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Herring deadlock

FAROE and Europe remain deadlocked after two days of talks about the right to catch Atlanto-Scandian herring in the north east Atlantic.

Initial talks about next year’s catch allocations only agreed to set up a scientific working group.

While the move was greeted enthusiastically by the Faroese delegation, Scottish fishing leaders were unimpressed, calling it “hardly a significant step forward”.

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Monday and Tuesday’s meeting came just days after the European Union imposed trade sanctions against Faroe in response to the country increasing its quota threefold outside any multilateral agreement.

Afterwards, Faroese fishing minister Jacob Vestergaard said: “This decision is an important first step to ensure a joint management arrangement of the Atlanto-Scandian herring.

“Joint management is a prerequisite for sustainable fisheries of the stock, although the negotiations were dealt a serious blow by the recent adoption of the EU’s coercive economic measures.”

But Scottish Pelagic Fishermen’s Association Ian Gatt chief executive said the agreement would do “nothing to resolve the issue in the short-term”.

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He said the other four coastal states were disappointed that the Faroese put nothing forward that could help resolve the dispute.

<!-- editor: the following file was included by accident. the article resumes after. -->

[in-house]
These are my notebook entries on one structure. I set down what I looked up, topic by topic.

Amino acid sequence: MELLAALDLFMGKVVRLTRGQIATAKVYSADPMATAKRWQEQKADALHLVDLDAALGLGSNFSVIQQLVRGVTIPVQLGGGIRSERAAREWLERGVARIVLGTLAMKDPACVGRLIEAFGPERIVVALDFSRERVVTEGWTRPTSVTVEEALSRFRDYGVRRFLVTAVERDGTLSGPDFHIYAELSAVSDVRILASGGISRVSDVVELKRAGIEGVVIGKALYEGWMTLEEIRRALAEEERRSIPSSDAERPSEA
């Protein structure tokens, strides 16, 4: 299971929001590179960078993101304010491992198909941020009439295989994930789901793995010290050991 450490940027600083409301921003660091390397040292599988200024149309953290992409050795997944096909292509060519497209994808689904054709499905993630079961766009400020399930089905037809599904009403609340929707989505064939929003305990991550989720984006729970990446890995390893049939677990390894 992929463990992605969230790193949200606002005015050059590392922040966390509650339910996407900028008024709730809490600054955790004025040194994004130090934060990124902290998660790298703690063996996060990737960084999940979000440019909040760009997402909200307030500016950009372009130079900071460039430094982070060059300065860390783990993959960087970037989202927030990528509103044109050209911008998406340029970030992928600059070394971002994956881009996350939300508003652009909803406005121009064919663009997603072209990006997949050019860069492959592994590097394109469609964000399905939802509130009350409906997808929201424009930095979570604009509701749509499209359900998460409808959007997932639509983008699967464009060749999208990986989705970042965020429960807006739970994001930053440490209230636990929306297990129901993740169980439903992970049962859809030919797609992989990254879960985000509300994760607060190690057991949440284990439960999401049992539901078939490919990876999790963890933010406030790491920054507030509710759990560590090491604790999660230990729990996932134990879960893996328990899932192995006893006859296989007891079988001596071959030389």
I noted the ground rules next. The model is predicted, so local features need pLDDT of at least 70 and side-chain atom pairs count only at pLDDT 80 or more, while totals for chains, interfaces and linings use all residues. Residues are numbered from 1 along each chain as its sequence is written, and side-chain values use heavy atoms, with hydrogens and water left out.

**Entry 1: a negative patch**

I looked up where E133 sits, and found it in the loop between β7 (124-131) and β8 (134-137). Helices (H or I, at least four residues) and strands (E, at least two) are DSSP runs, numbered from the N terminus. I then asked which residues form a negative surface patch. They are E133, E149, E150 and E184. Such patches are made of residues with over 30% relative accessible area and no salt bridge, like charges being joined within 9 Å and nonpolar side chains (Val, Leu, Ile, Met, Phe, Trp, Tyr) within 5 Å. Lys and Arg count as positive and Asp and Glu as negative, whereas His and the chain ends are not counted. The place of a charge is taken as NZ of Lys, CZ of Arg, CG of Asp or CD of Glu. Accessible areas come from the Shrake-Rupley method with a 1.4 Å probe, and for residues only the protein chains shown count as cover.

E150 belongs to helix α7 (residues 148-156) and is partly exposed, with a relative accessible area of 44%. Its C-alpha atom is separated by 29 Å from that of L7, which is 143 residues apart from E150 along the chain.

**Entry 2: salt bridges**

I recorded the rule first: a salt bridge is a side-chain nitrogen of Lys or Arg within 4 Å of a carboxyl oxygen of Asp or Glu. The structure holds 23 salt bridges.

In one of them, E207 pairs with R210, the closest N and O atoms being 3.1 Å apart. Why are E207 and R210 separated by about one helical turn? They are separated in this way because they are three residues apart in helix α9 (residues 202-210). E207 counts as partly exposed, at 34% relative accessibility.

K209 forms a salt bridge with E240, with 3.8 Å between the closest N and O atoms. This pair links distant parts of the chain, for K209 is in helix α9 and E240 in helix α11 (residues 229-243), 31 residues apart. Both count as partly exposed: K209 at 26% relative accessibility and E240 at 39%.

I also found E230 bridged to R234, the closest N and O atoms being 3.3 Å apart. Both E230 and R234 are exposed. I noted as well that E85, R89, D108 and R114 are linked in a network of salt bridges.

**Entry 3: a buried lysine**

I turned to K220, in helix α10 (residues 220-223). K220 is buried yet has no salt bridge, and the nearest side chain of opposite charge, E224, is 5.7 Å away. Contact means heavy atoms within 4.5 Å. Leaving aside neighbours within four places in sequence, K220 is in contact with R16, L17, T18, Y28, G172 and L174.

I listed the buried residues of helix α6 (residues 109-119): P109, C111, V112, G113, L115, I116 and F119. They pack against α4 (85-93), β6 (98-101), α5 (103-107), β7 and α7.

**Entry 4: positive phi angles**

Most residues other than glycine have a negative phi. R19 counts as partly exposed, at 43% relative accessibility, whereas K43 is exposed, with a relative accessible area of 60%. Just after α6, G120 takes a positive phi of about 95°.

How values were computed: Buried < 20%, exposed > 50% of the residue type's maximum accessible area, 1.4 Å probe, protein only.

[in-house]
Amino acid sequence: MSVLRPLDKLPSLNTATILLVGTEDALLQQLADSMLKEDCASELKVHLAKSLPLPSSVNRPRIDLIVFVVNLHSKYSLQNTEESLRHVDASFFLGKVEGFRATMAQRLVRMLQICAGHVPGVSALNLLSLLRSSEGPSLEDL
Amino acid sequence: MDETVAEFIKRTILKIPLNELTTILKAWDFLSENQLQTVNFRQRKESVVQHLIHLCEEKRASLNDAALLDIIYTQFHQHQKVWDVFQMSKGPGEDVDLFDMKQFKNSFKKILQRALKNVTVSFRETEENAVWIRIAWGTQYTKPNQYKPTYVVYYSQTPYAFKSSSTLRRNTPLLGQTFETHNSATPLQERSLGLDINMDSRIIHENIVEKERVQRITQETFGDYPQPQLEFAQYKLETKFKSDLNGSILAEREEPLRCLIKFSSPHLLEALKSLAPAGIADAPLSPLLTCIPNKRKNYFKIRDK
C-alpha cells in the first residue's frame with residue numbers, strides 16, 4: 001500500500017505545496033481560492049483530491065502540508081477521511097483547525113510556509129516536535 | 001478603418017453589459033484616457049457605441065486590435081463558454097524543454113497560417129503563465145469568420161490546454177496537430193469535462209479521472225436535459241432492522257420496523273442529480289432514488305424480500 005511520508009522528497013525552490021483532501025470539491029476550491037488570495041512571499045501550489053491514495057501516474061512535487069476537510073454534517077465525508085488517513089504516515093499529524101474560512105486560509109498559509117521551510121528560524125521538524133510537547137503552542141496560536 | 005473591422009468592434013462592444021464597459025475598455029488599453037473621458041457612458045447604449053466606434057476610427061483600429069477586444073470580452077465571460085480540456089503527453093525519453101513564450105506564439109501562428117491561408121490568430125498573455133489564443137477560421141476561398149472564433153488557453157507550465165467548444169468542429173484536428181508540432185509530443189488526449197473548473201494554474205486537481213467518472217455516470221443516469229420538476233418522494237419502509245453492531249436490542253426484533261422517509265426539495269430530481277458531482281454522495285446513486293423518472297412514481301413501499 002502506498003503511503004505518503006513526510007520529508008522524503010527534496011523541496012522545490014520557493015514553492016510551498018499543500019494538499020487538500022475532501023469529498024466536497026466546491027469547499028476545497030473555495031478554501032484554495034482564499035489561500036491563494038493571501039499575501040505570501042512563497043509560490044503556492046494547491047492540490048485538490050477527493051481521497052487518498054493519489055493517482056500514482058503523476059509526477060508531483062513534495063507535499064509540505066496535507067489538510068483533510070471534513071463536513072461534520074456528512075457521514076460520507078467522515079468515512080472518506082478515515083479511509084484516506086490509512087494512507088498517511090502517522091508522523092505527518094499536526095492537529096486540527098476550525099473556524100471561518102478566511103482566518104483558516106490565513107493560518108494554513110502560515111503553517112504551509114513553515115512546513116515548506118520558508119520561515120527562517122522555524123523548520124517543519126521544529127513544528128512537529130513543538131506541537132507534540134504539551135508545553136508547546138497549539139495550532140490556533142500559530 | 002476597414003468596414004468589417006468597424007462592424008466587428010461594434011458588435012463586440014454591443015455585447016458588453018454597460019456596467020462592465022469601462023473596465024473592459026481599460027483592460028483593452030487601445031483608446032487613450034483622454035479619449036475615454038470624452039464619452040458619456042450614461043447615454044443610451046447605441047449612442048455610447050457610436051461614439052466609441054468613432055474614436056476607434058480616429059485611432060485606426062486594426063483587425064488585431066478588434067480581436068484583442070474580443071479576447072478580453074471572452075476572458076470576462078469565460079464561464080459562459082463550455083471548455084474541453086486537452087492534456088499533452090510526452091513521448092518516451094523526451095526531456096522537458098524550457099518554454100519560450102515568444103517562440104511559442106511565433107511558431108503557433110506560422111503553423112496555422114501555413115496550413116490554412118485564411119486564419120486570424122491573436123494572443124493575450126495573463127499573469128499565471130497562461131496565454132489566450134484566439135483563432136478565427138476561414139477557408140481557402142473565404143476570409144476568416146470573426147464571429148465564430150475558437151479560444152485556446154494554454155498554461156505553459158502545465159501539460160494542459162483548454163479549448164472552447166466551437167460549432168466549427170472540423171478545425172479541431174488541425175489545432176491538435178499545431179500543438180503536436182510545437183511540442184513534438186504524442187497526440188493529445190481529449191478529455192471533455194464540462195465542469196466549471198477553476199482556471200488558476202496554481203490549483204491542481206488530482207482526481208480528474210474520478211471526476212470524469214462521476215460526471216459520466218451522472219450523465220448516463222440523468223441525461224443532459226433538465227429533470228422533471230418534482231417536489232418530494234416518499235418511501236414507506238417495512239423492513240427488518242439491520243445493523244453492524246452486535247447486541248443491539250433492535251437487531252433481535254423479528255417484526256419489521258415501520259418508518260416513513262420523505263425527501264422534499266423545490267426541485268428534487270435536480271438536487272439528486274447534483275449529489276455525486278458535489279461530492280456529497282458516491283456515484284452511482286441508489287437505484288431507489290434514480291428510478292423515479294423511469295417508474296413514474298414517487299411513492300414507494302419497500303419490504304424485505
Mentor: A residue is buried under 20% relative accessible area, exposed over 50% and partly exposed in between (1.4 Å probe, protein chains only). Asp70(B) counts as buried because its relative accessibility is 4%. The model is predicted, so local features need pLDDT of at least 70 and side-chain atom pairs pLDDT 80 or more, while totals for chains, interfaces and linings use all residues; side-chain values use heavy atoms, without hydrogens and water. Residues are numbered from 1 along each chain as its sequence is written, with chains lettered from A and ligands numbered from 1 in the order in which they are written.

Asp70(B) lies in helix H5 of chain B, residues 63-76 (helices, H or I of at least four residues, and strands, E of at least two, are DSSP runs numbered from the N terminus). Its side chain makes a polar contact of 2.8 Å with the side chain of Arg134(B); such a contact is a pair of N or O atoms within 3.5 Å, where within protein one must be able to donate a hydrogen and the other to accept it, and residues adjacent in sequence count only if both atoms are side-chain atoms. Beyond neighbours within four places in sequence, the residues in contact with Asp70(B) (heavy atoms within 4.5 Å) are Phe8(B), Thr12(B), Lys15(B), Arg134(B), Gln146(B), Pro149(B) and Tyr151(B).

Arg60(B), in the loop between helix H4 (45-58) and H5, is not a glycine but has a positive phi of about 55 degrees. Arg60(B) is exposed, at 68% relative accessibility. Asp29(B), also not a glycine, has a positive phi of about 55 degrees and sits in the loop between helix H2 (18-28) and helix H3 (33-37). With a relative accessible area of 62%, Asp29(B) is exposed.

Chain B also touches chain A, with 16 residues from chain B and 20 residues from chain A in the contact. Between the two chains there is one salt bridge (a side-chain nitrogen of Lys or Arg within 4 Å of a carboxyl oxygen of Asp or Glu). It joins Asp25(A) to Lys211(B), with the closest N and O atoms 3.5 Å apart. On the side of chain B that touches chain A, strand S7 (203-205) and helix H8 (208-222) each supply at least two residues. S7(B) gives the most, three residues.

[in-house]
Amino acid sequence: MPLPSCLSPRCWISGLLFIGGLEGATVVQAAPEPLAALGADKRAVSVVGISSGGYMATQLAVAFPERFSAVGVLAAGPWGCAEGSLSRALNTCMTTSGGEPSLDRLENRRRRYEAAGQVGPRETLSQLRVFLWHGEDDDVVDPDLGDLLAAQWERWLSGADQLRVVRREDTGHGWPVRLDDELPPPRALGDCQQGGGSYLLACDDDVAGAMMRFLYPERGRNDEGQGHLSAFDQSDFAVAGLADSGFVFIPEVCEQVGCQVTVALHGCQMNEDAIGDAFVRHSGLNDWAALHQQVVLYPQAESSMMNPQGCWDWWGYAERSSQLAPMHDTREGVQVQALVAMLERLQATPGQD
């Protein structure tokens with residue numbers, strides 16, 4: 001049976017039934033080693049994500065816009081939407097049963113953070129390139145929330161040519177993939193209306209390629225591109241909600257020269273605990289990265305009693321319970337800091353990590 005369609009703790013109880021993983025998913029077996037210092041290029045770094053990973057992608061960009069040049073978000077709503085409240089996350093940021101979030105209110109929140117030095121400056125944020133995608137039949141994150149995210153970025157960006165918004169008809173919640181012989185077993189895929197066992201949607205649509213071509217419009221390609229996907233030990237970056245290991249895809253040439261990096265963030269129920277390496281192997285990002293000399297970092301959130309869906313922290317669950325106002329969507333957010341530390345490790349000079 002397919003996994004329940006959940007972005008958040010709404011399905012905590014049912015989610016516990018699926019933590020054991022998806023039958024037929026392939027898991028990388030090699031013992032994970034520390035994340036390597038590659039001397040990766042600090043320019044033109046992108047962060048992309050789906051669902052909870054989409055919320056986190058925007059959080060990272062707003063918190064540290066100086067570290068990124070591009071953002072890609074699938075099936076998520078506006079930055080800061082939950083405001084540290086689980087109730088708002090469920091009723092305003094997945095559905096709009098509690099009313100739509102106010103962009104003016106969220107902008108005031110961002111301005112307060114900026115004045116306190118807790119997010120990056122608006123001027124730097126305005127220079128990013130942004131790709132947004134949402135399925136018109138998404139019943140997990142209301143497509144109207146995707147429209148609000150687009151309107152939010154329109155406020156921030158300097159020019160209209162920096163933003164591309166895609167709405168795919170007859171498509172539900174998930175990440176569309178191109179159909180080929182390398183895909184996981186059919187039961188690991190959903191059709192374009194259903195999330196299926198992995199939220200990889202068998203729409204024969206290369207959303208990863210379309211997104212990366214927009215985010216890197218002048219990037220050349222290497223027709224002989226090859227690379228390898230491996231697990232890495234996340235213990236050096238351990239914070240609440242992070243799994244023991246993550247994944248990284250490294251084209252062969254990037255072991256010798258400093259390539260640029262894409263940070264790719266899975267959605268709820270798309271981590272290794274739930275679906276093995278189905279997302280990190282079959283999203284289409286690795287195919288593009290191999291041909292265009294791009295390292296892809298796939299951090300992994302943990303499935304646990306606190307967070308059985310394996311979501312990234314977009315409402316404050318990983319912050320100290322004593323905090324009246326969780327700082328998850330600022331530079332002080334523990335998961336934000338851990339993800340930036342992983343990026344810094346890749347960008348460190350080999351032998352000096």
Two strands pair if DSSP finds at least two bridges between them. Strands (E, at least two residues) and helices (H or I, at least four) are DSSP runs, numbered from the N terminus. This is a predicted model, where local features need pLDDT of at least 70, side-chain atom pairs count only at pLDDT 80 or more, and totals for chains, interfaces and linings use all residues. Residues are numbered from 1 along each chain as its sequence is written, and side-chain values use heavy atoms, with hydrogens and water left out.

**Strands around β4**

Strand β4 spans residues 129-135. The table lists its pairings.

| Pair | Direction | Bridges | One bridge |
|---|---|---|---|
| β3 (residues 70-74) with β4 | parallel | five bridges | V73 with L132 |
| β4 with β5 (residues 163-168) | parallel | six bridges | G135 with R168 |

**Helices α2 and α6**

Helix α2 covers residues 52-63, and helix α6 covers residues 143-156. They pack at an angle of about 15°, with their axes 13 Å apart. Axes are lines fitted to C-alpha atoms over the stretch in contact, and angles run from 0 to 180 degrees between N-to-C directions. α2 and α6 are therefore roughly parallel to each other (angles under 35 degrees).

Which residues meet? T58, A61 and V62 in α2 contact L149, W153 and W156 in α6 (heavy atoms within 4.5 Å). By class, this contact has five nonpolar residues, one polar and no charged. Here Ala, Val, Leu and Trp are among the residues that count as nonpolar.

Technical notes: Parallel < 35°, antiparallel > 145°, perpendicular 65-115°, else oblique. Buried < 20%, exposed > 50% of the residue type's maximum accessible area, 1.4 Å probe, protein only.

“What was particularly astonishing was that despite the requests by the EU, Norway, Iceland and Russia for the Faroese to table an offer of a new and more realistic quota level, this was not forthcoming from the Faroese and they had absolutely nothing to offer.

“Even more worrying was the fact that they gave no assurances that they would not set a high unilateral TAC (total allowable catch) next year.
 
“In short, the actions of the Faroese to suddenly withdraw from an international fisheries agreement for herring and then set a unilateral quota that is more than three times their traditional share is an act of extreme irresponsibility,” he said.

Faroe argues that the species is spending more time in their waters as a result of climate change and therefore they should be entitled to a greater share of the stock.

Europe and Norway want quotas to be based on historical quota levels, regardless of today’s herring migration patterns.

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